In the first case, I think of the role of a government (looking after its people) and in particular, the hopeless inadequacy of governments to deal with sexually transmitted diseases such as HIV, chlamydia, and even genital warts, which are rampant among certain populations (married to a youth mentor I’ve witnessed a huge amount of devastation from STDs despite our continued stand for abstinence). Also, I have seen the social cost of unwanted pregnancies (heartbreaking!!) – and, in this day and age, most married Christian couples I know use contraception, so it seems very strange to object to its use only outside of marriage. Thirdly, I wonder how on earth a dispensing machine equals “forced contraception” – as claimed by a number of my Texan friends. I don’t know, I’m just an Antipodean from a large island, but forcing an institution to have a condom dispenser is to me is a long way from “forced contraception”, which seems to devalue the horrific accounts of those who have lived through forced sterilization in the United States. If my response lacks morality, so be it.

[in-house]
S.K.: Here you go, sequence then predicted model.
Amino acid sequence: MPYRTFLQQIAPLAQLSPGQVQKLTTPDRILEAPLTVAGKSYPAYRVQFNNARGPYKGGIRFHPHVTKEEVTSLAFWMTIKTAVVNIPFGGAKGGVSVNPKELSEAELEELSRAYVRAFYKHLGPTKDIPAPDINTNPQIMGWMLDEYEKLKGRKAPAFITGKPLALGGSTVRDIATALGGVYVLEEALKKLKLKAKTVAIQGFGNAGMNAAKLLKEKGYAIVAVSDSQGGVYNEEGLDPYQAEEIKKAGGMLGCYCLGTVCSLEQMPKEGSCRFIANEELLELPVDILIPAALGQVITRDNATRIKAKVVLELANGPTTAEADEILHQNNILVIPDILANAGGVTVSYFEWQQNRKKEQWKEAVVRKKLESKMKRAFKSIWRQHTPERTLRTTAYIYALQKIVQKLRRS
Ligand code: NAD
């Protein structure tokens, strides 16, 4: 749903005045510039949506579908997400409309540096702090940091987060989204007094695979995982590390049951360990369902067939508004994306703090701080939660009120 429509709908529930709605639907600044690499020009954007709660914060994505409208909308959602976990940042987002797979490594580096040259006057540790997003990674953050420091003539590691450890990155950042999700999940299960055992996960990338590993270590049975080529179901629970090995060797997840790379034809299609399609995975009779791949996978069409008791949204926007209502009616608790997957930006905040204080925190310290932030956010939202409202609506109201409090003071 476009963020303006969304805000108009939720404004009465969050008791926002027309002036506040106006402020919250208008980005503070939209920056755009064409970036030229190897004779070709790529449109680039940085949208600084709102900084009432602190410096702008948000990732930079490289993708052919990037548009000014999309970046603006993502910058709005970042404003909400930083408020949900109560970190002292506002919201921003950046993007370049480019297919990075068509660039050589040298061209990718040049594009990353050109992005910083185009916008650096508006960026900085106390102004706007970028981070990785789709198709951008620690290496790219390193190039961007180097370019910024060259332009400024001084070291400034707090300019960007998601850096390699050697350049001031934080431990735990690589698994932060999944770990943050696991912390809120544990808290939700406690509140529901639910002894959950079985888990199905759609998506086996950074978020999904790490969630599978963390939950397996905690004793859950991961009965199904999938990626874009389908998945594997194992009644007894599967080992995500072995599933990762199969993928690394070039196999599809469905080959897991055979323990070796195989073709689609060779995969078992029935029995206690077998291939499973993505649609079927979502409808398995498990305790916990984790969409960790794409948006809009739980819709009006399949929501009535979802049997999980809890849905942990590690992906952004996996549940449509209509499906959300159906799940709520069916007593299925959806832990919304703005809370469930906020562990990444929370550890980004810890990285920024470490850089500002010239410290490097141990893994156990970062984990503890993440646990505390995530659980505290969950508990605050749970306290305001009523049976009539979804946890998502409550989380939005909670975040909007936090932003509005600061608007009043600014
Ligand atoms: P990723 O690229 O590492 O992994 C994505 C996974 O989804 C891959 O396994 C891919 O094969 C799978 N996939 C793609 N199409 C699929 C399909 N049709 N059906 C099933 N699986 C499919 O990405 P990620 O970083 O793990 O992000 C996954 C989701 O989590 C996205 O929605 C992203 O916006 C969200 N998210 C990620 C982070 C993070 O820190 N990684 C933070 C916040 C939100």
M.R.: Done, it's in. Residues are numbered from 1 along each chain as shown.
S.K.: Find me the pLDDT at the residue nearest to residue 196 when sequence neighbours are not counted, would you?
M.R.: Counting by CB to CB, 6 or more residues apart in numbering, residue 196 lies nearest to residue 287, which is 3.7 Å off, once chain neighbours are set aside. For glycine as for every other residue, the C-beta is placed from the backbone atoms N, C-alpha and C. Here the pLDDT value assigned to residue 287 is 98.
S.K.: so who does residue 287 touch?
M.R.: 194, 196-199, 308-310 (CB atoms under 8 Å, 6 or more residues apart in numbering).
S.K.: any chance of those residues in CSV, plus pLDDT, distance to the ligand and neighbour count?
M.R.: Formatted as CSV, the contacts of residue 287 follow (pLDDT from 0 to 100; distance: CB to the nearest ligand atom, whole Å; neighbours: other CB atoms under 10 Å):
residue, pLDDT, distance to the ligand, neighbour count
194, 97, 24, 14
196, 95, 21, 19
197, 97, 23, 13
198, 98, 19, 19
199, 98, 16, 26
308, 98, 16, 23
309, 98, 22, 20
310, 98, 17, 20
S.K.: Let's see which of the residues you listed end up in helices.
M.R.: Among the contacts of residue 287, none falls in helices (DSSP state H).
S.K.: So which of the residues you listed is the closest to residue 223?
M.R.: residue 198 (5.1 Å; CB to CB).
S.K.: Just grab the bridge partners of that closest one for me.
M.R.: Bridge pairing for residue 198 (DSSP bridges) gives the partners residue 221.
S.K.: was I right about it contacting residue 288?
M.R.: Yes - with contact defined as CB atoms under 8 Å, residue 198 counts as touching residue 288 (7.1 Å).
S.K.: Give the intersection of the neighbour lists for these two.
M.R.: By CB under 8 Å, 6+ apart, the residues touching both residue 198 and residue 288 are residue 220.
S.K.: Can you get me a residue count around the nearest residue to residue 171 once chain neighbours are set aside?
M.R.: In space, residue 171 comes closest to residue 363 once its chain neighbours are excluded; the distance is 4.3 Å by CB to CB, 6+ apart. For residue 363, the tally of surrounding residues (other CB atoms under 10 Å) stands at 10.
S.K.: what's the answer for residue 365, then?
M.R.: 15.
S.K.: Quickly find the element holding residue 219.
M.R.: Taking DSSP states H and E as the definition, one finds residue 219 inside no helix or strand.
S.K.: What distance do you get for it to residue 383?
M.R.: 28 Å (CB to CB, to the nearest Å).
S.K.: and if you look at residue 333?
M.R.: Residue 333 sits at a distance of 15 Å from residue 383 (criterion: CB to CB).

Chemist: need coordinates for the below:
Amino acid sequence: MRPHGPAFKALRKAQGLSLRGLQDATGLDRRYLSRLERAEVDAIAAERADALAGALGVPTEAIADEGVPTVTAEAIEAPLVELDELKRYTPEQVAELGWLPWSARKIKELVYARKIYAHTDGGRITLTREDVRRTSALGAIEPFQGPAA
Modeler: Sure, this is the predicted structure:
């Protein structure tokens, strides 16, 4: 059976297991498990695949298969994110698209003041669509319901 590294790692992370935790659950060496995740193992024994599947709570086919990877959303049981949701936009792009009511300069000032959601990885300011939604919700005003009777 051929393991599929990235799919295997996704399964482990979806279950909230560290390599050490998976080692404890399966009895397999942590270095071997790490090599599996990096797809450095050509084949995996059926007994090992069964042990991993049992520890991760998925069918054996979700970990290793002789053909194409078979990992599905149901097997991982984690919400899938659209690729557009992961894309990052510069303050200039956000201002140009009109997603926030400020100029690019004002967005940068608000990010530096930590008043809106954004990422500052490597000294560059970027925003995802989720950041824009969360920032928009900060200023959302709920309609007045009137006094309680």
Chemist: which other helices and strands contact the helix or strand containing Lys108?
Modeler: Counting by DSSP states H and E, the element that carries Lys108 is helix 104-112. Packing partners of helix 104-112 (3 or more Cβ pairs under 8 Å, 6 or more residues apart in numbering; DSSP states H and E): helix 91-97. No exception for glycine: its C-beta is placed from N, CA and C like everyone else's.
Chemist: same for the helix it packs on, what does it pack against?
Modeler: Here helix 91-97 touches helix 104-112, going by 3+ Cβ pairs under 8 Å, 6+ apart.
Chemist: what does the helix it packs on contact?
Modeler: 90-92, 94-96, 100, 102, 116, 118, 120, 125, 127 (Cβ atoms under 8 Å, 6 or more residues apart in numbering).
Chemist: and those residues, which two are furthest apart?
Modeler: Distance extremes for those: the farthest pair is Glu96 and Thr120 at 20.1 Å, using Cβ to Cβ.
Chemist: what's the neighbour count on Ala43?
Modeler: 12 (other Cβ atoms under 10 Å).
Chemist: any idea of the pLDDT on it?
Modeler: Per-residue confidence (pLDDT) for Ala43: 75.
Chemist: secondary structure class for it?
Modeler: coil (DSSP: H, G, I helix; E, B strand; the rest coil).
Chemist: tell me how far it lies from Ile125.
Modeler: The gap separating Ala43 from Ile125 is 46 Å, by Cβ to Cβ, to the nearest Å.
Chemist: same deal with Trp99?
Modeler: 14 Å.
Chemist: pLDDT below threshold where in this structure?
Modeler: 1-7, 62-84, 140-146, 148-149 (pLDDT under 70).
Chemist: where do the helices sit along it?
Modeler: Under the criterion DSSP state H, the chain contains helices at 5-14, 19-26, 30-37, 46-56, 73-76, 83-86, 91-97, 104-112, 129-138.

In the second case I mentioned, I see Christians divided on whether it matters that Romney is a Mormon or not. Well, I appreciate the sentiment – if someone shares your religion, they are more likely to represent it and you in the public sphere. The problem is that you can fake nominal religion. Every single Australian Prime Minister I can remember (until this one) has released pictures of themselves coming out of stone Anglican churches… which reminds me of the formation of this church – set up in order to allow Henry the Eighth the ability to divorce wives without having to chop off their heads. No, I’m not particularly worried about where the Prime Minister (or President) wants us to see him or her worshiping. The church was born under Roman oppression, and seems most vibrant, ironically, when under persecution. I think most liberal democracies are a long way from persecuting the church, so I’m pretty sure Mormon is fine. Ethical business practice, however, is a biblical theme I’d be looking for evidence of.